A professor of sociology at Delhi University, Mala Shankar Das Kapoor, points out that these campaigns have been drawing nationwide attention.

“A lot of more people will realize that these things need to be stopped, so that gives the women who have been deprived a little more courage to stand for their rights and express themselves. All this adds to the confidence of women asking for equality,” she said. (VOA)

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Top 10 Famous Hindu Temples of Tamil Nadu

Most of the temples of Tamil Nadu dates back to 800 to 1400 years and still stands to be rock solid.

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Most of the temples situated in Tamil Nadu were built during the historic and medieval period
Most of the temples situated in Tamil Nadu were built during the historic and medieval period

NEW DELHI: Tamil Nadu is known as the temple city of India and the state is considered as the torchbearers of the magnificent heritage of that region. The Hindu Tamil temples here are a classic example of art form evolved over thousands of years and thus very much glorifies the ancient culture of Tamil Nadu and of India as well.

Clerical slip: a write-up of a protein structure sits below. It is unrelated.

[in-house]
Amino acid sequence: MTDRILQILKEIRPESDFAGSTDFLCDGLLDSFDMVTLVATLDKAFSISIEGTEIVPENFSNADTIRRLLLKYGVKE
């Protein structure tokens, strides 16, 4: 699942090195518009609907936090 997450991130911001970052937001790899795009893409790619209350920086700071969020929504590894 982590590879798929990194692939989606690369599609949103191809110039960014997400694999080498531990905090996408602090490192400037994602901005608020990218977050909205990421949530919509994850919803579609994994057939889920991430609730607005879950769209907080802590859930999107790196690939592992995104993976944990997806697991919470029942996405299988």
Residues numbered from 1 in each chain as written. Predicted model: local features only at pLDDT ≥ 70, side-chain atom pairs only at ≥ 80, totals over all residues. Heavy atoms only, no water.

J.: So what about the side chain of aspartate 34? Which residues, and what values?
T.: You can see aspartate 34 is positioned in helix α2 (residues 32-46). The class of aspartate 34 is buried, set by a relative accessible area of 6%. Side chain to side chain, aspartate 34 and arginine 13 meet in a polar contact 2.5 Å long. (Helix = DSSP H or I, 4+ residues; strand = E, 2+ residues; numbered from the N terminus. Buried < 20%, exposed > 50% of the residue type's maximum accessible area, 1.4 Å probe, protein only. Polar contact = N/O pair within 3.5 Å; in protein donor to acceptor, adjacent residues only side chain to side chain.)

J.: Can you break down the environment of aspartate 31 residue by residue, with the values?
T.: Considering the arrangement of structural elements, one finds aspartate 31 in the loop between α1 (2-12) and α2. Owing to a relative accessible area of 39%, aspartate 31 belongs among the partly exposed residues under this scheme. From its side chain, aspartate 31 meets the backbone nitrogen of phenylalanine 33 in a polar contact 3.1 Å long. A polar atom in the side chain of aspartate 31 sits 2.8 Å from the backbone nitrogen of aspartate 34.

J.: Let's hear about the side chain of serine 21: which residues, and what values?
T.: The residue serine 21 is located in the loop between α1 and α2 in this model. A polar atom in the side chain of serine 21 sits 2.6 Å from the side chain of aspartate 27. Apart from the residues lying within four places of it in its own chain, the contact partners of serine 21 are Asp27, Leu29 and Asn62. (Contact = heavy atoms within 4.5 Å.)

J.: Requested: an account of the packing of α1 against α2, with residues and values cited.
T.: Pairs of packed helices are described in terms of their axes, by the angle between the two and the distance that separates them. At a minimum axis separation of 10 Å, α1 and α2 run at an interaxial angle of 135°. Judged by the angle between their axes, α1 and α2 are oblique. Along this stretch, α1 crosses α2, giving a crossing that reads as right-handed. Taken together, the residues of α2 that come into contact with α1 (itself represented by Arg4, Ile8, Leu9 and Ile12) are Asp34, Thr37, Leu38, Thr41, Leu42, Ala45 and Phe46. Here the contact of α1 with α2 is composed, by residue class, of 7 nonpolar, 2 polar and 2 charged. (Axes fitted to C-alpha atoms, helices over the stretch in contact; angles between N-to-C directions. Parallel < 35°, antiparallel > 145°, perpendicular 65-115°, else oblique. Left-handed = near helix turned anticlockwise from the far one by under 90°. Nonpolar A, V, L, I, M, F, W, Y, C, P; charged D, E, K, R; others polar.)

Tamil Nadu has nearly 33,000 ancient temples scattered on its land and some of them are known to be the biggest temples of the Hindu community. The Hindu Tamil temples located here dates back to 800 to 1400 years and still stands to be rock solid. Although, the historical records describe the scriptures to be 3,000 years old but the wide variety of complex and wealthy architecture of these temple makes it difficult to believe in their ages.

Most of the temples situated in Tamil Nadu were built during the historic and medieval period when Pallavas, Cholas, and Nayakas were the rulers of Deccan Plateau of India. Thus, these Hindu Tamil temples help you to get an immense insight of elaborate and brilliant sculptures of those times.

All these things point out towards the rich culture and heritage of Tamil Nadu.

Also Read: SC directs registration of Kerala temples having elephants

For the coming New Year, we have compiled a list of 10 famous temples of Tamil Nadu that will walk you through a great spiritual experience and offer you to learn about the mesmerizing past of the state. The astounding beauty does spellbind every visitor and tourist.

Meenakshi Amman Temple is a masterpiece of the Dravidian architecture. Wikimedia Commons
Meenakshi Amman Temple is a masterpiece of the Dravidian architecture. Wikimedia Commons
  1. Meenakshi Amman Temple, Madurai